Greater Sydney residents will be required to wear face masks in indoor settings and have no more than 20 visitors to their home as part of COVID-restrictions to be enforced Thursday.
NSW Premier Gladys Berejiklian announced the changes, which also include a dancing and singing ban, on Thursday morning after another locally acquired case was recorded overnight.
That case was the wife of a Sydney man who tested positive on Wednesday morning.
Chief Health Officer Dr Kerry Chant said she was the only close contact of the man to contract the virus so far. Nine other close contacts returned negative results.
"We've picked up that person very early in the infection," she said.
Nine cases were detected among people returned from overseas. There were 11,579 tests conducted in the 24 hours to 8pm Wednesday.
For three days from 5pm on Thursday, face masks will be compulsory in indoor settings like shops and public transport, singing and dancing in venues is banned, and no more than 20 people can gather at a home at once.
The Greater Sydney area includes the Blue Mountains, Illawarra and Central Coast.
Questioned on the impact on businesses on Mother's Day, Ms Berejiklian said the response was "proportionate" to the community transmission and "based on health advice".
"If you have a booking for Mother's Day, go to the booking," she said.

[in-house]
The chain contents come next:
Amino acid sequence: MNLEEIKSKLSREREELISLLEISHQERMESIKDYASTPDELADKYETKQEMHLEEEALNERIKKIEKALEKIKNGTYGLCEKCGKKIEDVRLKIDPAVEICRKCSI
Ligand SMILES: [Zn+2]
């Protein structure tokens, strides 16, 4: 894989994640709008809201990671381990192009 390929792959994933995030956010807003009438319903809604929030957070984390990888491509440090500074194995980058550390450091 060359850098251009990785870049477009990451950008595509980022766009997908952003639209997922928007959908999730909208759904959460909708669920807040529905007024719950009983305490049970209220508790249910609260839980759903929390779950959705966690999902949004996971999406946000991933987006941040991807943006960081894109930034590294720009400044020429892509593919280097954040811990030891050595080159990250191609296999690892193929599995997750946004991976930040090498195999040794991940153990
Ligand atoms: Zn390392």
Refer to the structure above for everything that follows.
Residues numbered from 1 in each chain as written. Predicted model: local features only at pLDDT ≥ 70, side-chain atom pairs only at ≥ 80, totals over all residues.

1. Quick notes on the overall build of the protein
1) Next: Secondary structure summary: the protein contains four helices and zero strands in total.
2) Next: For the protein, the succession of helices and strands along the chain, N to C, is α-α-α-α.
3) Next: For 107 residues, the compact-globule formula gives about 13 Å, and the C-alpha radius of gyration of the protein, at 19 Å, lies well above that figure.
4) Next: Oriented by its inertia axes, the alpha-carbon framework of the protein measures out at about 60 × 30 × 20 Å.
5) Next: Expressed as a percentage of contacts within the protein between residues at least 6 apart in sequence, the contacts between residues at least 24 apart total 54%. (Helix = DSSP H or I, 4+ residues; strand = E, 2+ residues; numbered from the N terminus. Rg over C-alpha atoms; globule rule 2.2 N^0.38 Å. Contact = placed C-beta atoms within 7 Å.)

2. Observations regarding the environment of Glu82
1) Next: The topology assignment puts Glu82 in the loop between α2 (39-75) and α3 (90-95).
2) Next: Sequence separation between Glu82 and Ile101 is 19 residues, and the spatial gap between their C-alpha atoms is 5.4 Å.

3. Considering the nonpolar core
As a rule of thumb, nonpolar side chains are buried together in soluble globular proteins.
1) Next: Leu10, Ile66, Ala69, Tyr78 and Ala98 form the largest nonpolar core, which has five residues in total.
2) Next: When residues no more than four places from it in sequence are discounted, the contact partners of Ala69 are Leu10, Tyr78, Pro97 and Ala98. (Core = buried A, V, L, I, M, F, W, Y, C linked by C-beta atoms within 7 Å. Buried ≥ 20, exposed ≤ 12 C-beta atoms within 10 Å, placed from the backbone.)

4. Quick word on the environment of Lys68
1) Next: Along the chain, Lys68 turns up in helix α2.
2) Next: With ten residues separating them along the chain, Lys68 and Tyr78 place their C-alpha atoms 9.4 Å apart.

"But as a precaution, use your common sense.
"Make sure if you have the mildest of symptoms you come forward and get tested."
She said it was "business as usual" for communities outside Greater Sydney.
Dr Chant said genomic testing had revealed the likely source of the Sydney man's infection, an overseas case that recently spent time in hotel quarantine.
But she said there was "no direct contact" between the two cases and there was "a gap" authorities were investigating.
Multiple venues were added to the alert list that the Sydney man had visited, along with his wife who contracted the virus.
"Apart from a household member, this man does not appear to have passed it on to anyone," Dr Chant said.
Health Minister Brad Hazzard said the "nasty virus does not show any respect for human kind".
"It could be anyone of us, next, who could get the virus" he said.
He thanked the Sydney couple for using the state's QR code login system and urged people to get vaccinated as soon as they were eligible.
"Any reluctance to get vaccinated should be right out the door," he said.
"Go and talk to your GP. If you don't have a GP, get a GP.
"Get the vaccine as soon as it is available."